1421: The Year China Discovered the World (Paperback)
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On 8 March 1421, the largest fleet the world had ever seen set sail from China. The ships, some nearly five hundred feet long, were under the command of Emperor Zhu Di's loyal eunuch admirals. Their mission was 'to proceed all the way to the end of the earth to collect tribute from the barbarians beyond the seas' and unite the world in Confucian harmony. Their journey would last for over two years and take them around the globe but by the time they returned home, China was beginning its long, self-imposed isolation from the world it had so recently embraced. And so the great ships were left to rot and the records of their journey were destroyed. And with them, the knowledge that the Chinese had circumnavigated the globe a century before Magellan, reached America seventy years before Columbus, and Australia three hundred and fifty years before Cook...The result of fifteen years research, 1421 is Gavin Menzies' enthralling account of the voyage of the Chinese fleet, the remarkable discoveries he made and the persuasive evidence to support them: ancient maps, precise navigational knowledge, astronomy and the surviving accounts of Chinese explorers and the later European navigators as well as the traces the fleet left behind - from sunken junks to the votive offerings left by the Chinese sailors wherever they landed, giving thanks to Shao Lin, goddess of the sea. Already hailed as a classic, this is the story of an extraordinary journey of discovery that not only radically alters our understanding of world exploration but also rewrites history itself.
Bantam Books (Transworld Publishers a division of the Random House Group)
Publisher and industry reviews
UK Kirkus review
Columbus, da Gama and Captain Cook may have taken the credit for a world of discoveries, but it seems the Chinese beat them all to it by a considerable margin. At least, that is the theory of former submarine commander Gavin Menzies who has spent 15 years researching an idea that on the surface may sound far-fetched. Unlike most revisionists, however, Menzies has a mass of evidence to support his ideas, including ancient maps, large standing stones and other material treasures left along the various routes - not least a number of sunken junks. According to the book - set to become a TV documentary - a massive Chinese fleet set sail in 1421 on the orders of Emperor Zhu Di. The emperor ordered his eunuch admirals, led by Zheng He, to discover new lands and unite the whole world under the umbrella of Confucian harmony - which, reading between the lines, means they were to find some cheap markets with which China could trade. The admirals' journeys lasted more than two years, during which they discovered, mapped and explored America (70 years before Columbus), Australia (350 years before Cook), and even Antarctica. So how did knowledge of these adventures become lost? Menzies has the answer to that, too. He says that when the admirals returned home they found China in a state of turmoil - in effect, going through a civil war. All evidence of the old emperor's achievements was destroyed, the nation spurned overseas contacts and so began centuries of isolation. Menzies makes his case well, presenting an enormous amount of evidence that is difficult to contradict. He also shows how the theory addresses many previously unanswered questions about ancient maps that some have said must have come from Atlantis, others from space aliens. It seems they were more likely the work of a crowd of enterprising eunuchs. This is a stunning book, eye-opening in its revelations and lavishly illustrated throughout. A bestseller in the making. (Kirkus UK)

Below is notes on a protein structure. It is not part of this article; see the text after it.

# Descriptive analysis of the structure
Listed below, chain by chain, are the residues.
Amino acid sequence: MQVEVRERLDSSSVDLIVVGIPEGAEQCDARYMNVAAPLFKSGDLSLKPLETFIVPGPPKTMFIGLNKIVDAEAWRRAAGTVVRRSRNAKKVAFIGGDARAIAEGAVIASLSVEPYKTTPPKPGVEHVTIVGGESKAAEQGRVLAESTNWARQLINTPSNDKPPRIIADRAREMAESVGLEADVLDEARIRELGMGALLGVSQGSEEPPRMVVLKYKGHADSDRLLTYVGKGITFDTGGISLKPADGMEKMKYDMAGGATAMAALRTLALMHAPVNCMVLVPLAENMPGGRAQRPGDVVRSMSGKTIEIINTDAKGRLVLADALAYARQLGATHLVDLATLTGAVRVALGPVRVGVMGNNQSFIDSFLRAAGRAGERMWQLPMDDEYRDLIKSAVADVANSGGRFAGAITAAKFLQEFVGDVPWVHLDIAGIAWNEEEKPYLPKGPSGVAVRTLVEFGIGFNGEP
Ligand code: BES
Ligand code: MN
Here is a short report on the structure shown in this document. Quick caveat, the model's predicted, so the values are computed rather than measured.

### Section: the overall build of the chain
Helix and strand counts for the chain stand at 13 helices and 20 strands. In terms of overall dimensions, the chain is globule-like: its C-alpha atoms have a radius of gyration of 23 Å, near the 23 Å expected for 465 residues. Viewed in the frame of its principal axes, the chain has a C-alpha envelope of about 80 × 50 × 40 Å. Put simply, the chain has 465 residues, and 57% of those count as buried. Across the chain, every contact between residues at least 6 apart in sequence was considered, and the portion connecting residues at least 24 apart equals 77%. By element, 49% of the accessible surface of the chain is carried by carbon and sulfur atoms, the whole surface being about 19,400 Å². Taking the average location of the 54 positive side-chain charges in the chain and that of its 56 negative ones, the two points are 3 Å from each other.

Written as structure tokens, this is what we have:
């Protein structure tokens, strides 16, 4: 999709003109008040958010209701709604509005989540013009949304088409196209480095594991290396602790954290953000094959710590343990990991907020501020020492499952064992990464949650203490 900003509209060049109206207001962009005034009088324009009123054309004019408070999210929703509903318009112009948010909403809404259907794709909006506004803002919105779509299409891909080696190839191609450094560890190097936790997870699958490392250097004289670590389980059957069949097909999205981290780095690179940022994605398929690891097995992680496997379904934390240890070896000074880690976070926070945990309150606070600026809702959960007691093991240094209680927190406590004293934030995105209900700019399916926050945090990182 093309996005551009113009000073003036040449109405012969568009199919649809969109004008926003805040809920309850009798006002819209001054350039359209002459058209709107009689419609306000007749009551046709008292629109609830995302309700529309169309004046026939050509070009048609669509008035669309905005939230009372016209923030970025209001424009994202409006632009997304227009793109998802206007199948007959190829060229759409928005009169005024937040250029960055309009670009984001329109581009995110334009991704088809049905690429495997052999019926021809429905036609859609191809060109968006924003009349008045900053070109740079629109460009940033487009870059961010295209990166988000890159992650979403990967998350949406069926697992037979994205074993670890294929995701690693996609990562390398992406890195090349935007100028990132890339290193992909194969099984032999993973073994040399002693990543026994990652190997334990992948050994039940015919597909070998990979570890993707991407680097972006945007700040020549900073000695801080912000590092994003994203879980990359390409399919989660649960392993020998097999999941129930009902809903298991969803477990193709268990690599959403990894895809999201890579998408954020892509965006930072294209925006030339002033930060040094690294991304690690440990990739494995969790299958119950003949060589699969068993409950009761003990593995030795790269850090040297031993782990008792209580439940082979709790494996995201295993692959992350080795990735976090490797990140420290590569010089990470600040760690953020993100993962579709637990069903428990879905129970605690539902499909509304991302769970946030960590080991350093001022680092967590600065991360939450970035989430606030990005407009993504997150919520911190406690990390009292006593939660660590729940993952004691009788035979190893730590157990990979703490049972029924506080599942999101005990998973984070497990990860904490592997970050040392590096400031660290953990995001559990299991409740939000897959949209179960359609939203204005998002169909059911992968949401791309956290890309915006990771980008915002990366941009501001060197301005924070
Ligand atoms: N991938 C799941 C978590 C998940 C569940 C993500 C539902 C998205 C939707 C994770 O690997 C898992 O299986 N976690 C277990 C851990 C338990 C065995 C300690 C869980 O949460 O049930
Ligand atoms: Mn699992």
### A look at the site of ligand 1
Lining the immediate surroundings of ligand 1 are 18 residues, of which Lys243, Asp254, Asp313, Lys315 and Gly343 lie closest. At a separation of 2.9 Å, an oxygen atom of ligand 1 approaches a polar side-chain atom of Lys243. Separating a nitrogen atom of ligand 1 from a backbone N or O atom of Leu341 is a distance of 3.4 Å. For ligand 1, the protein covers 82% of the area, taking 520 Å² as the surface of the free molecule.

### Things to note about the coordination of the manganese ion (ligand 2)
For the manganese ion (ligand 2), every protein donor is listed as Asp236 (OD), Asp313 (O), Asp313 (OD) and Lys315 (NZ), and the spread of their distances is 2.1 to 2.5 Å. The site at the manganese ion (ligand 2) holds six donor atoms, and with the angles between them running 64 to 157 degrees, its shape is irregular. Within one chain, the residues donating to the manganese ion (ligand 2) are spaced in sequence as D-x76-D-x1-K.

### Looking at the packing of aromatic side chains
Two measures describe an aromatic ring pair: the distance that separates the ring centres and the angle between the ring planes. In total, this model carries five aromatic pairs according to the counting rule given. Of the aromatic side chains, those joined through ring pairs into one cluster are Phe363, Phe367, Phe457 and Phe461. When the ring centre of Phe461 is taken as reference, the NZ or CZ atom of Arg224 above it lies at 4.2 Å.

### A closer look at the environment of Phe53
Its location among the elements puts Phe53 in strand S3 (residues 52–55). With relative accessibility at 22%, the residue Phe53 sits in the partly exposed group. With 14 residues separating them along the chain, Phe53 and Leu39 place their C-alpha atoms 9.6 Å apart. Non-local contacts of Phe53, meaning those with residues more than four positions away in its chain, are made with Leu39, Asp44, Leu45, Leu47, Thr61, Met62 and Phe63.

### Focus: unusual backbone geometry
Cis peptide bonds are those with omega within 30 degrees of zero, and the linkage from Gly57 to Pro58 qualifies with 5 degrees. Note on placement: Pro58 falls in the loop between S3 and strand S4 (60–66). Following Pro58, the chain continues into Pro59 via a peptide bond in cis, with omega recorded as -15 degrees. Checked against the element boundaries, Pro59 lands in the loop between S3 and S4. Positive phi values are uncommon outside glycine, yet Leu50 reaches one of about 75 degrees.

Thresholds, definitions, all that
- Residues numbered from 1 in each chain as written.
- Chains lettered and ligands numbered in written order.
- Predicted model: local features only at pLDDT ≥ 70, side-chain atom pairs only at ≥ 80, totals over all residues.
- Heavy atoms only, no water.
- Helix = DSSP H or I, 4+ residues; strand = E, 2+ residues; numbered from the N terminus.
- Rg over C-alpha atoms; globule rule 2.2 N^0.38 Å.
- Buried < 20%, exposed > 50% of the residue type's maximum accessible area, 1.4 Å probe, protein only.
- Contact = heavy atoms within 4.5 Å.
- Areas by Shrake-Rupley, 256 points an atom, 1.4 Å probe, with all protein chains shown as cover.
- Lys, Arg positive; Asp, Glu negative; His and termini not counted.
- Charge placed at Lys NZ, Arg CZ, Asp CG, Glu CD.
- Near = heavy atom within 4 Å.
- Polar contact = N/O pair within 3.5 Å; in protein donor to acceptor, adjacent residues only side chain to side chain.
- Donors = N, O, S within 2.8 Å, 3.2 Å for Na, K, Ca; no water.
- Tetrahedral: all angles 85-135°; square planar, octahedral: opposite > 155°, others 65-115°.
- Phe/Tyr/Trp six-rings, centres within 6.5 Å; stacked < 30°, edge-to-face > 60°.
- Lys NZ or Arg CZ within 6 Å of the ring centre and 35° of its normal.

About the author
Gavin Menzies (Royal Navy Submarine Commanding Officer, retired) was born in 1937 in China, where he spent the first two years of his life. He joined the Royal Navy in 1953 and served in submarines from 1959 to 1970. As a junior officer he sailed the world in the wake of Columbus, Dias, Cabral and Vasco da Gama. When in command of HMS Rorqual (1968-1970), he sailed the routes pioneered by Magellan and Captain Cook. Since leaving the Royal Navy, he has returned to China and the Far East many times, and in the course of researching 1421 he has visited 120 countries, over 900 museums and libraries and every major sea port of the late Middle Ages. Gavin Menzies is married with two daughters and lives in North London.
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